Go Back and Fetch It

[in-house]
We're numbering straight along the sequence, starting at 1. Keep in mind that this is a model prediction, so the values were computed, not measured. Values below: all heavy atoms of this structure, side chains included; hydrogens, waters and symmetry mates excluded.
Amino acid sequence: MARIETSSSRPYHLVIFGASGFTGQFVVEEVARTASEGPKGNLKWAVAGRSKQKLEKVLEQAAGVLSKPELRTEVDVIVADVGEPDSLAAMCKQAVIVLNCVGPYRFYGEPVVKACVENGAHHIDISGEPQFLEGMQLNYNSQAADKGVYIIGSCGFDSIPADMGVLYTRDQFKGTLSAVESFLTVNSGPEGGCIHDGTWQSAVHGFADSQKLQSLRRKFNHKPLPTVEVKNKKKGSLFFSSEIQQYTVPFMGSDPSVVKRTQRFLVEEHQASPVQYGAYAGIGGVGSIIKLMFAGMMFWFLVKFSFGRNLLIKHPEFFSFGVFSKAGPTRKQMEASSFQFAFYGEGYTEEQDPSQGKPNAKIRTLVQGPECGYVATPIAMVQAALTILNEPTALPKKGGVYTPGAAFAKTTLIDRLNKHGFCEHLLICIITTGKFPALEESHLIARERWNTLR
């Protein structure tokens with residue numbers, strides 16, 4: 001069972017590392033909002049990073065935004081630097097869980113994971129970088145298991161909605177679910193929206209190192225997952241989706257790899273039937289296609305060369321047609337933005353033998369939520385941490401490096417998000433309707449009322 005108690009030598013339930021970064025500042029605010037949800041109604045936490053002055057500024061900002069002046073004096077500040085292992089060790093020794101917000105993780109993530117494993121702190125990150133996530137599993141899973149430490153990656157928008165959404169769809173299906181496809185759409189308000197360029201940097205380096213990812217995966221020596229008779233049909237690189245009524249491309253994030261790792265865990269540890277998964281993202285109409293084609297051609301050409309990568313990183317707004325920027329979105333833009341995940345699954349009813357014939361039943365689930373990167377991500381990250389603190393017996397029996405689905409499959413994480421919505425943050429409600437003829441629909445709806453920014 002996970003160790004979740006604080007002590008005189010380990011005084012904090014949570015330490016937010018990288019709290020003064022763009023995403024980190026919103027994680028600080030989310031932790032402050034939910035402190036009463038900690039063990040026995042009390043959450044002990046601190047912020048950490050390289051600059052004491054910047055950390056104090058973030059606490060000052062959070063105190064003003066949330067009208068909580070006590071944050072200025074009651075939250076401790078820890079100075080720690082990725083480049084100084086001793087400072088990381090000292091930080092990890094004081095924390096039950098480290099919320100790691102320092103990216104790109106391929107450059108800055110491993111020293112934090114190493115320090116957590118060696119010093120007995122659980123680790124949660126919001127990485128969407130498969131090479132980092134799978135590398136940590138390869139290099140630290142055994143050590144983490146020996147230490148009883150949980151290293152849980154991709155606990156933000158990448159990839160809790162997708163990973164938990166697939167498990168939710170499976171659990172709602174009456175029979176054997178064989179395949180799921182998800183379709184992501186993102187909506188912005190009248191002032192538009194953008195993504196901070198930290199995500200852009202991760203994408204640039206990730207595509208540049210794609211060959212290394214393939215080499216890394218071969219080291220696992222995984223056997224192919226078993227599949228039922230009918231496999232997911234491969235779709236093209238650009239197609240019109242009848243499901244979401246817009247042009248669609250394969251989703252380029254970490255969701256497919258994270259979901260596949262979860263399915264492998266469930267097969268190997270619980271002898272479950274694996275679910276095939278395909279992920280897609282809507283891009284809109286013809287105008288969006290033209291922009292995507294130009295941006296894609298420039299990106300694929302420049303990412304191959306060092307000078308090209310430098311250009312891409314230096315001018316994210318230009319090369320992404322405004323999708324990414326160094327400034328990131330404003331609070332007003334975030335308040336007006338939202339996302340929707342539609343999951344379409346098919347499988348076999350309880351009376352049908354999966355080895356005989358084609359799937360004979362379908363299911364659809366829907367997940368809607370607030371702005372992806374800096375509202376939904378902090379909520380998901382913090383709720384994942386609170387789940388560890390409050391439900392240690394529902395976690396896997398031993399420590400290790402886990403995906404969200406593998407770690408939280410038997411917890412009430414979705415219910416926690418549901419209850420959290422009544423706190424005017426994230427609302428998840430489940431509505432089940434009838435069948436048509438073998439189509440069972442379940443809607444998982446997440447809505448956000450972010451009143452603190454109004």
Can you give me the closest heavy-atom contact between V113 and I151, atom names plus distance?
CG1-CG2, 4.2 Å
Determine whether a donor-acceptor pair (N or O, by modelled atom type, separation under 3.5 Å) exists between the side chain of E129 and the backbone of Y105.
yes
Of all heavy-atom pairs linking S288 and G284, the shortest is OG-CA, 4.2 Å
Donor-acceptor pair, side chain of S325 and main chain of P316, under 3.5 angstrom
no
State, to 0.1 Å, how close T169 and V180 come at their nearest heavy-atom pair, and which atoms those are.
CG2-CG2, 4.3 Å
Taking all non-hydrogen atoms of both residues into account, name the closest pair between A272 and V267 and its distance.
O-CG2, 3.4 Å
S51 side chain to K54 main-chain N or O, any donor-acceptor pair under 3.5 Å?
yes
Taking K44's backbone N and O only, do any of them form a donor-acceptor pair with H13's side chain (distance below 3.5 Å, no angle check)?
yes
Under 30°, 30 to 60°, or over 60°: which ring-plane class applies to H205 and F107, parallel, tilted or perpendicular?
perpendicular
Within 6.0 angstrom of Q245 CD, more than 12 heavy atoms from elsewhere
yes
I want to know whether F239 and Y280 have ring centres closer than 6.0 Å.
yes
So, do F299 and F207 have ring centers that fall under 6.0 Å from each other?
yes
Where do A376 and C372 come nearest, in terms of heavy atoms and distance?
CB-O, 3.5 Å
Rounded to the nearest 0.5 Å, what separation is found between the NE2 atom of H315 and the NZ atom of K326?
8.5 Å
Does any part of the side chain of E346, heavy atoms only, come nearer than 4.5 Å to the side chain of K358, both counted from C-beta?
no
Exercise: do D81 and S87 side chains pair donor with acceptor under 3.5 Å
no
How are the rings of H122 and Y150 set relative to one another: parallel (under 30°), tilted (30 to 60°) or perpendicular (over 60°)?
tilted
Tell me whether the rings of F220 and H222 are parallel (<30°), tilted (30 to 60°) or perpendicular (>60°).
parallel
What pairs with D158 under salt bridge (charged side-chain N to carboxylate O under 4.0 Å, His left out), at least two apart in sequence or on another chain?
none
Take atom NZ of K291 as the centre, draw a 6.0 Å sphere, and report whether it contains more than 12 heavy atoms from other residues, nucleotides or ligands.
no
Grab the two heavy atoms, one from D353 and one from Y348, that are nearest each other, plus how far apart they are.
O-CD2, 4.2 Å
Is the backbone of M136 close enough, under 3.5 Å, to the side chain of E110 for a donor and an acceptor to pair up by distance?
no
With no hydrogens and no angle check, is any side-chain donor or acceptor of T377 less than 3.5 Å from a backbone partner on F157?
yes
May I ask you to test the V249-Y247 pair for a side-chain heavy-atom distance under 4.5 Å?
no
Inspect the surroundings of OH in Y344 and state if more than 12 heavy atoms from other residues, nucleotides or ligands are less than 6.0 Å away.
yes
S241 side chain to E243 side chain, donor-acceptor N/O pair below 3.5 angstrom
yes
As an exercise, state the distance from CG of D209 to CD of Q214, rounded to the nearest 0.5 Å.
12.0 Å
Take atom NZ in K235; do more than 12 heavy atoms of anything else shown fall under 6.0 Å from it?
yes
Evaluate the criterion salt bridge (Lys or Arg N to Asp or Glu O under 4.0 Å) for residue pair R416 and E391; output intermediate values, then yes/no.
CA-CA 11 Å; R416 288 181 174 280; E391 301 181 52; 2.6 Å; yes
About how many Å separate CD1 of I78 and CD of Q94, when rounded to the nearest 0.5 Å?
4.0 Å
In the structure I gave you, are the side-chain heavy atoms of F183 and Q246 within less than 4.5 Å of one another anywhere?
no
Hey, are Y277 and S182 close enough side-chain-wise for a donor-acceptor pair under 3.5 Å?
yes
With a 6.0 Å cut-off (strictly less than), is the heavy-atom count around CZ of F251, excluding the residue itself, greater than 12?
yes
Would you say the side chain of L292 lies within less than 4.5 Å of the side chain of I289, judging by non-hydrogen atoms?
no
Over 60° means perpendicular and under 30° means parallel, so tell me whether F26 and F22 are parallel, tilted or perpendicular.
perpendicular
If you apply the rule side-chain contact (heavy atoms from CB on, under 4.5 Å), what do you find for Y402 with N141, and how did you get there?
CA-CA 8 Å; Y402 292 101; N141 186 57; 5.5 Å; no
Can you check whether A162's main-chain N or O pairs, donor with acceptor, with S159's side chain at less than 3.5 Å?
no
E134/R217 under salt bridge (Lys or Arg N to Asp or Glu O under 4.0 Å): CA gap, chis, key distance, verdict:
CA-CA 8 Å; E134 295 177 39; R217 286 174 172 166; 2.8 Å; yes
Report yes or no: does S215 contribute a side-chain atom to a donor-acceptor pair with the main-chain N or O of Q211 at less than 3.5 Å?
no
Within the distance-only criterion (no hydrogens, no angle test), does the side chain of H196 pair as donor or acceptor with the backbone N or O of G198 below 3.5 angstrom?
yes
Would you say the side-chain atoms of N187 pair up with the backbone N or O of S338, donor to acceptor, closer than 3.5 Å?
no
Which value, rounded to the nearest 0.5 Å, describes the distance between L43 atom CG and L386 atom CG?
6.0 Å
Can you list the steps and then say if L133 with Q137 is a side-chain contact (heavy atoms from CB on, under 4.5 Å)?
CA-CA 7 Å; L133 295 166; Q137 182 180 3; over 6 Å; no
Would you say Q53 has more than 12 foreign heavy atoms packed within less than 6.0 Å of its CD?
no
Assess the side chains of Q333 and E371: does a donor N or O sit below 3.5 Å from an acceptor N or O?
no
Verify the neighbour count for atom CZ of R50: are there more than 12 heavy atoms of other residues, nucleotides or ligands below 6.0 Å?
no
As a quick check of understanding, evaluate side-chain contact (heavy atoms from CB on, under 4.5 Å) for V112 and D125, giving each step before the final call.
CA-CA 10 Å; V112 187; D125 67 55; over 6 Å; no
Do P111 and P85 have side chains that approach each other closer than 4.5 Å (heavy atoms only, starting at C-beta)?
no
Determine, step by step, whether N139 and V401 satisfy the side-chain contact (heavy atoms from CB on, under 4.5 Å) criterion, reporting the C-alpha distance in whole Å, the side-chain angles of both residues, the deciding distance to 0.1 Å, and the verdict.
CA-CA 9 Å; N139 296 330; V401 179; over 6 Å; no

To understand the great body of work that Lucille Clifton left after her death in 2010—the evolving body, for more poems are being excavated all the time—you must understand that Black history informs much of her work. There is the generous verse she offered everyone, regardless of racial or gender identification. This was her benediction, and because of that gift, many want to read disembodied, deracinated impulses in Clifton’s poems, seeking a so-called universal meaning.


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